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The times. [volume] (Washington [D.C.]) 1897-1901, July 26, 1899, Image 1

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Price One Cent.
Number 1922.
OhioXaHonnl Guards Fast Invading
Turbulent Cleveland.
Adjutant Genernl Axllne Assumes
Commnud Mobs to lie Suppressed
nt An Cost IHhop Ilorstmnnu Is
nuph fin Appeal for Order Violence
Still Helens TlironKhout the Cl.
Cleveland. July 25. The strike situation
here was marked by three things the gen
eral quiet at the forenoon and early after
noon, the arrival of troops from the central
part of the State under command of Adju
tant General Axllne, and the tumultuous
rioting tonight. The second fatality of the
strike was recorded today when. Sirs. E. C.
Martin, of 73 Alanson Street, died as the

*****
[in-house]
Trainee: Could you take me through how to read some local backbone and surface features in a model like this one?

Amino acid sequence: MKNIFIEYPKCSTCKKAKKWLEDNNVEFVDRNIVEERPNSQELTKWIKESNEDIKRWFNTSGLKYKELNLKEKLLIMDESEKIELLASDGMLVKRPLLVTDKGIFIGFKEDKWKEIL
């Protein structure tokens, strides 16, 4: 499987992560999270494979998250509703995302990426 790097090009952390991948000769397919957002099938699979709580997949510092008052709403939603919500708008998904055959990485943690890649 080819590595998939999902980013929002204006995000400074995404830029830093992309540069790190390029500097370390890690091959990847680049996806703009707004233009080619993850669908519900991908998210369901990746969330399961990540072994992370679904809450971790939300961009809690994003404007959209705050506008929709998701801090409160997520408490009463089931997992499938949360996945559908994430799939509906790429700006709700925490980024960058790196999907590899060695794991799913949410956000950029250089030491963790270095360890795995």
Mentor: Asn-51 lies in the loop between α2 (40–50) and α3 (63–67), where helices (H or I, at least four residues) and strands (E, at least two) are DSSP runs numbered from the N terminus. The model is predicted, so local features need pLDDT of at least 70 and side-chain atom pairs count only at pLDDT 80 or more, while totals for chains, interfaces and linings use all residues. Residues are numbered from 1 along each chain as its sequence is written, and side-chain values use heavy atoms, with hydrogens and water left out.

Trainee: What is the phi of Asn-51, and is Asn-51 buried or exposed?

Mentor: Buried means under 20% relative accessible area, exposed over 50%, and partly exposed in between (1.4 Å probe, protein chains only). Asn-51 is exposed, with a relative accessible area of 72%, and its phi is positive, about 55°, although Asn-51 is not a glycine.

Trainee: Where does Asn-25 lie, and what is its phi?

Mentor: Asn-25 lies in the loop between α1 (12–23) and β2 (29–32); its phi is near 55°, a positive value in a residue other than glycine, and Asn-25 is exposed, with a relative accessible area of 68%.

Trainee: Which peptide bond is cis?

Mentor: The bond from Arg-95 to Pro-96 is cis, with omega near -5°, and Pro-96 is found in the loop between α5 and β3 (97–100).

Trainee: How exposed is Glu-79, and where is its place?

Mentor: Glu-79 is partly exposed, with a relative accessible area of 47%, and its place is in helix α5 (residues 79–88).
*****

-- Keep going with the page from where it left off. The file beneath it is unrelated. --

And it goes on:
result of Injuries received in the blowing
up of the Euclid Avenue car on Sunday
At dusk crowds began to gather at Pearl
and Clark Streets in such force that the
guard of policemen and patrolling soldiers
were unable to cope with them. The
crowd grew until the whole street vas in
a tumult. The police found tbemseles
practically helpless and a call was sent
In for help. The police reserves from two
precincts were hurried out and Company
T, Fifth Regiment, and forty men from
Company G, were sent out to assist. When
the soldiers and police arrived they com
bined their forces and charged the mob,
which, althojgh armed only with clubs
end stones, resisted the attack. The sol